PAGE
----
Most travelers know of Duty Free stores in airports all over the world, but did you know that some airports have museums, ice skating rinks and hospitals? Better yet, have you ever been to one of these high-ranked airports?
Abrams Landau‘s Education Director Stephanie Yoon recently went to South Korea’s Incheon Airport which has all these amenities and more!
The Airports Council International (ACI) has consistently given Incheon Airport of South Korea high rankings in various categories in its Airport Service Quality (ASQ) Awards. For instance, Incheon Airport has even received special recognition by the ACI Director and is listed in the General Roll of Excellence for having been ranked first for over five years. Incheon Airport ranks 3rd in the 2017 Skytrax World Airport Awards, or the Passengers Choice Awards. The Skytrax World Airport Awards utilize large customer satisfaction surveys on a global scale with over 13.82 million airport survey questionnaires completed annually.
Incheon Airport offers a variety of unique amenities and facilities including a spa, movie theater, golf course, indoor gardens, ice skating rink, and even a Korean cultural heritage museum. In addition, Incheon Airport will utilize life-sized robots to aid customers and keep floors clean. The life-sized robots, known as Troika, are made by LG electronics and will be in use starting July of 2017. Troika assists customers by providing flight information, escorting people to gates if necessary, and displaying weather news and airport maps.
If you, or someone you care for, has been injured in an accident at an airport, whether in the terminal, on the AOA, on an airplane or other air travel related accident and there are questions about what laws apply, e-mail or call us at Abrams Landau, Ltd. (703-796-9555) at once.
Washington Dulles International Airport (IAD) and other Washington, D.C. area airports are undergoing a technological revolution to replace 1940s technology and propel your next flight into the 21st century. The Federal Aviation Administration and aviation community have a joint program to modernize the airways. Soon radio technology will be replaced by more precise GPS in order to modernize the National Airspace System. The program is called “NextGen,” and it consists of equipment and procedures for getting your plane from gate to gate. This systemic improvement will result in seconds saved, gallons of jet fuel not wasted, and CO2 emissions prevented. However, as pointed out in an article in Time magazine, the push to “Modernize the Skies” may add up to be “the most comprehensive investment in the backbone of the nation’s skies in history.”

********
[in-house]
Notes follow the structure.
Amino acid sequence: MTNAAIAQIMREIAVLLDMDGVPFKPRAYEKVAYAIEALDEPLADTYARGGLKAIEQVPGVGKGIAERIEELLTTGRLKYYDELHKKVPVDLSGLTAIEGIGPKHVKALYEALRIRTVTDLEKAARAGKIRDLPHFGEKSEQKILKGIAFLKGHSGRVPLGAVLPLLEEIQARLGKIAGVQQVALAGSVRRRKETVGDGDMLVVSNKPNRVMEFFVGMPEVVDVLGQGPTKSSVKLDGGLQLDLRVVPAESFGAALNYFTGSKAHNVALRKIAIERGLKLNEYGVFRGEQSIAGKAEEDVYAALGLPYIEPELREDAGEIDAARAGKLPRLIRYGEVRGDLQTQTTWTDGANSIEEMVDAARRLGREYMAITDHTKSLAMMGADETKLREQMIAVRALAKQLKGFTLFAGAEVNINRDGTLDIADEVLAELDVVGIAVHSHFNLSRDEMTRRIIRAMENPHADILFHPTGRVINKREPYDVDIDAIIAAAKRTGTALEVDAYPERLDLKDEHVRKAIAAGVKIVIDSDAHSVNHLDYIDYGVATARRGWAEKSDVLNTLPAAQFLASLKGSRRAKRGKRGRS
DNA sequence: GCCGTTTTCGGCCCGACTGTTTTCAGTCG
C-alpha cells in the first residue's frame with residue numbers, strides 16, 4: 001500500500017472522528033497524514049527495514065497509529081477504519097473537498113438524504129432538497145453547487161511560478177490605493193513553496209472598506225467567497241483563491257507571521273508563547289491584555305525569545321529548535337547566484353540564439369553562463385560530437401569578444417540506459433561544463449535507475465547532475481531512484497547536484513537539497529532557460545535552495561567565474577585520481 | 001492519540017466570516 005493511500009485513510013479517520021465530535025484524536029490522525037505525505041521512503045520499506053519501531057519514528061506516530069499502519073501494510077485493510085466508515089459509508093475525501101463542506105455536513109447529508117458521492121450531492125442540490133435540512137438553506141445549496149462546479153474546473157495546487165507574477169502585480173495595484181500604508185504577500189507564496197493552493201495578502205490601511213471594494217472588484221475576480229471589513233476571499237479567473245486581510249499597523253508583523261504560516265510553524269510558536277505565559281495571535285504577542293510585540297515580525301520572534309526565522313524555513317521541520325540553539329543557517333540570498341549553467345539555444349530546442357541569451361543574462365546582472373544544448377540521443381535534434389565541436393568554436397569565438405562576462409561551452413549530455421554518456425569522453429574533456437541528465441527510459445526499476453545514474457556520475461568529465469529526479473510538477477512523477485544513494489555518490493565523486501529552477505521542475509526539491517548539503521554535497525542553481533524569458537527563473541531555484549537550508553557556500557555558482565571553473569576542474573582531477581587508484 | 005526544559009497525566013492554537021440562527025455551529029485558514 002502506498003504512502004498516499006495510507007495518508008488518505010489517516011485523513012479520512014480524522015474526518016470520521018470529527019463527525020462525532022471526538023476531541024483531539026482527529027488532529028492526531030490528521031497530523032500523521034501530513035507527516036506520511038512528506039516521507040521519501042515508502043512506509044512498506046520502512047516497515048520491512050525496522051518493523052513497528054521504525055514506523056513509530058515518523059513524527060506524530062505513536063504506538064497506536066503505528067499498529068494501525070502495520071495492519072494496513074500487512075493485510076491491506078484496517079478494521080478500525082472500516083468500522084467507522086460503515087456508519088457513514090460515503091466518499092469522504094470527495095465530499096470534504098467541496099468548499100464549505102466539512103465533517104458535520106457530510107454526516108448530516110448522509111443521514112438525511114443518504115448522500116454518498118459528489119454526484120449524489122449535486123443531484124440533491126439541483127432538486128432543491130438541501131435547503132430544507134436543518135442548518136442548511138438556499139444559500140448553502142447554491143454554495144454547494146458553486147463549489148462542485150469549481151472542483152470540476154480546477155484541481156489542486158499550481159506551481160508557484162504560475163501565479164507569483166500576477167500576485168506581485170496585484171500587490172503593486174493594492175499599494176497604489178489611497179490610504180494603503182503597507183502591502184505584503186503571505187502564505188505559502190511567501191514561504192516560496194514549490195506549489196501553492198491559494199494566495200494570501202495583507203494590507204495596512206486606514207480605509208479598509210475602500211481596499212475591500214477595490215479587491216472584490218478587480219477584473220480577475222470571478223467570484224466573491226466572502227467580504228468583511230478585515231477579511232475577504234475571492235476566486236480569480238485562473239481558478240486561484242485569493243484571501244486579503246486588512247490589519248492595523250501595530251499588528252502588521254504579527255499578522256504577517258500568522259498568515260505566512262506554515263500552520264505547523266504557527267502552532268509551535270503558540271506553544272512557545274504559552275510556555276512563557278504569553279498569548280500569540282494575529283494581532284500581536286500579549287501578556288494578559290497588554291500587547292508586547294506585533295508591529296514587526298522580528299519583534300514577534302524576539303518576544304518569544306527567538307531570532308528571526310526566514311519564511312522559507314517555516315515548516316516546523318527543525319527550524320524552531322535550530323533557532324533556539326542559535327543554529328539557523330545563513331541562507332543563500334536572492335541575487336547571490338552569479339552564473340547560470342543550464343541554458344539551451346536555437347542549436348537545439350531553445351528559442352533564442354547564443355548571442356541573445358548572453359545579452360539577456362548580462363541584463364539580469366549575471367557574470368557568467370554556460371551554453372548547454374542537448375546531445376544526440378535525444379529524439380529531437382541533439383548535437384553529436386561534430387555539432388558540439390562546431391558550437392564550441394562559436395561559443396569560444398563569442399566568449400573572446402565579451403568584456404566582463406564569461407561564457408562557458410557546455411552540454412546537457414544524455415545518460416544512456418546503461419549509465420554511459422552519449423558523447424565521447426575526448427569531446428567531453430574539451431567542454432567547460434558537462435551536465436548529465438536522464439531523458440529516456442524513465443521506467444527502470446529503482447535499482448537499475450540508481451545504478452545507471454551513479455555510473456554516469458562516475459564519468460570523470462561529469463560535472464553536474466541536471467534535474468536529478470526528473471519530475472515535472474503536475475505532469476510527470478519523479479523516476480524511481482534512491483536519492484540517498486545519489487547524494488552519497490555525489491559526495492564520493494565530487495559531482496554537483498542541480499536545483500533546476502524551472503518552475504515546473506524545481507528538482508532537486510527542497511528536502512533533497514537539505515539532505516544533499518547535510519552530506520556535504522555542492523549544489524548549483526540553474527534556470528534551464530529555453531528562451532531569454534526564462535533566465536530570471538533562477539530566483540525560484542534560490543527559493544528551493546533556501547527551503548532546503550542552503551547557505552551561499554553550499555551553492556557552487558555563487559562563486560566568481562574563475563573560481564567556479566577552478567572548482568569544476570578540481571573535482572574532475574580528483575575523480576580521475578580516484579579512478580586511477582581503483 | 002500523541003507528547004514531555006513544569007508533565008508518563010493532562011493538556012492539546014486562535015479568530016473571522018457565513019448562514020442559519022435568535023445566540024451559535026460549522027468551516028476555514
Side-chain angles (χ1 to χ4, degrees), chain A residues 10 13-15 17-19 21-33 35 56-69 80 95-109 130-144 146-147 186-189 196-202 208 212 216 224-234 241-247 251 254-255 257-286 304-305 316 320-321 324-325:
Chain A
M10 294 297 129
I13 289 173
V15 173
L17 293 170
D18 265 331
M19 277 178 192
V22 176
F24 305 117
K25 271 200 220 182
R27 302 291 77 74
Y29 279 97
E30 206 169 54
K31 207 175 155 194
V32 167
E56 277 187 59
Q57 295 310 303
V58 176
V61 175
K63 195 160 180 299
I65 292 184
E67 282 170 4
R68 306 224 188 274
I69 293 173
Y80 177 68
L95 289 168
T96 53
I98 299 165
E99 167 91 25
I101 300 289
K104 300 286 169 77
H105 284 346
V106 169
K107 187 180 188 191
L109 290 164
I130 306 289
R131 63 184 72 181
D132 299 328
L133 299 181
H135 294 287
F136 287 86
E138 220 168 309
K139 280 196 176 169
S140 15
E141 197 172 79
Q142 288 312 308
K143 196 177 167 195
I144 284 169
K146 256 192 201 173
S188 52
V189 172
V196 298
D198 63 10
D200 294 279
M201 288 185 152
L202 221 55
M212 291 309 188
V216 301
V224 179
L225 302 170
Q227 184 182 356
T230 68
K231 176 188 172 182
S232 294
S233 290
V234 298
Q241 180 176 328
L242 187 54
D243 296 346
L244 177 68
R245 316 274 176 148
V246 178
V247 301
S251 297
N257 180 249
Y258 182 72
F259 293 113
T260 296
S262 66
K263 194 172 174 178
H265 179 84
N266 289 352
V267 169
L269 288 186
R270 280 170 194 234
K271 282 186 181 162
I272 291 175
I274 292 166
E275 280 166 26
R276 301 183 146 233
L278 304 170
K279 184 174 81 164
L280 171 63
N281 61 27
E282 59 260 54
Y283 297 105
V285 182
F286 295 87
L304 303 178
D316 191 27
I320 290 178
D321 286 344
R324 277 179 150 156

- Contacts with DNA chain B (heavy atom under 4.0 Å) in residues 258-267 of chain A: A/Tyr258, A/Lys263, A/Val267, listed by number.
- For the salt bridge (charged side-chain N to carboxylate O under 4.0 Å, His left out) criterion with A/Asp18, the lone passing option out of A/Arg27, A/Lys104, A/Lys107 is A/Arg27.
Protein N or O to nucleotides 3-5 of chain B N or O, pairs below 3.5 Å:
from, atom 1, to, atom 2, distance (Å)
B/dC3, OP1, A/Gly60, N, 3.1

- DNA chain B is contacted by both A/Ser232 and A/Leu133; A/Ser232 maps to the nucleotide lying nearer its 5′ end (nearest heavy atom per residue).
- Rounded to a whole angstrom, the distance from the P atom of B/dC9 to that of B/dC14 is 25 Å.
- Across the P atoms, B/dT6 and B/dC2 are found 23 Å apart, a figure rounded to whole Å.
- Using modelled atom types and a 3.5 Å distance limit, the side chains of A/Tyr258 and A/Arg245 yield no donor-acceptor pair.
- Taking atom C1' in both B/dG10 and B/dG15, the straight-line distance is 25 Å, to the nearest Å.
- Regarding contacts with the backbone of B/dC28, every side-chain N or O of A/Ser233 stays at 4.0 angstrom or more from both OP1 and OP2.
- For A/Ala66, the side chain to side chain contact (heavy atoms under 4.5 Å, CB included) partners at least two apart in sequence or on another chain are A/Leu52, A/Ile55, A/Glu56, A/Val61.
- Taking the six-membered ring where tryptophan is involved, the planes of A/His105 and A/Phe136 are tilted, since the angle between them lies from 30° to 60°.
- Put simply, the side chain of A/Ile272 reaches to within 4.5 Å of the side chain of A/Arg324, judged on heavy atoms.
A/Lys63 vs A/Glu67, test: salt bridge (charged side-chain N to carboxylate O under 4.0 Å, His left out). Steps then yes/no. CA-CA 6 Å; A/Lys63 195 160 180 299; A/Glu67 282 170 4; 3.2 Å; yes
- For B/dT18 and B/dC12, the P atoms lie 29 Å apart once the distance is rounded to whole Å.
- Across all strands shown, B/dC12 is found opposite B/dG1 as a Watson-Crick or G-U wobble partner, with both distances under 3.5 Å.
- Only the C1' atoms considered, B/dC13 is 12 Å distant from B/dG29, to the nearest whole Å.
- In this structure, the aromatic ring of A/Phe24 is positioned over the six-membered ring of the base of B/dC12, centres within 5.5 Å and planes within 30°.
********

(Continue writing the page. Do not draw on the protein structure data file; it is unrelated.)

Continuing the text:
For example, instead of leaving miles of space between airline jets, the newer GPS system will allow for more precise jet placement and spacing. The new NextGen system gives flight controllers updates every second, instead of every 5-12 seconds, as under the older system. Also, with jets traveling t speeds of 500 mph, this is a huge safety improvement. Flights can now be safely sent off more closely. Furthermore, approach and landing protocols have been updated to use the GPS system, which shaves minutes off flights. For a snapshot on taxi times at Washington Dulles International Airport (“IAD”), click here for the DC area airport’s NextGen Scorecard.
This NextGen technology may also clear the way for autonomous flights, addressing the issue of drones getting in the day of passenger aircraft (or each other!). With over 21 million passengers per year, this increase in safety and efficiency will pay huge dividends. Dulles Airport is in the top 25 busiest airports in North America, both with regard to passenger traffic AND cargo volume. Furthermore, one FAA study estimates the benefits of the NextGen program to be $160.6 billion through the year 2030, including a reduction in the use of jet fuel in the amount of 2.8 billion gallons. Less time sitting on the runway or holding in the air saves airfreight companies money. Shaving minutes off flight times for commercial passengers through the use of the NextGen system not only translates into money saved for the airlines, but benefits passengers as well. Saving time, money and the planet while increasing safety are the reasons that the NextGen system seems to be a success on all fronts.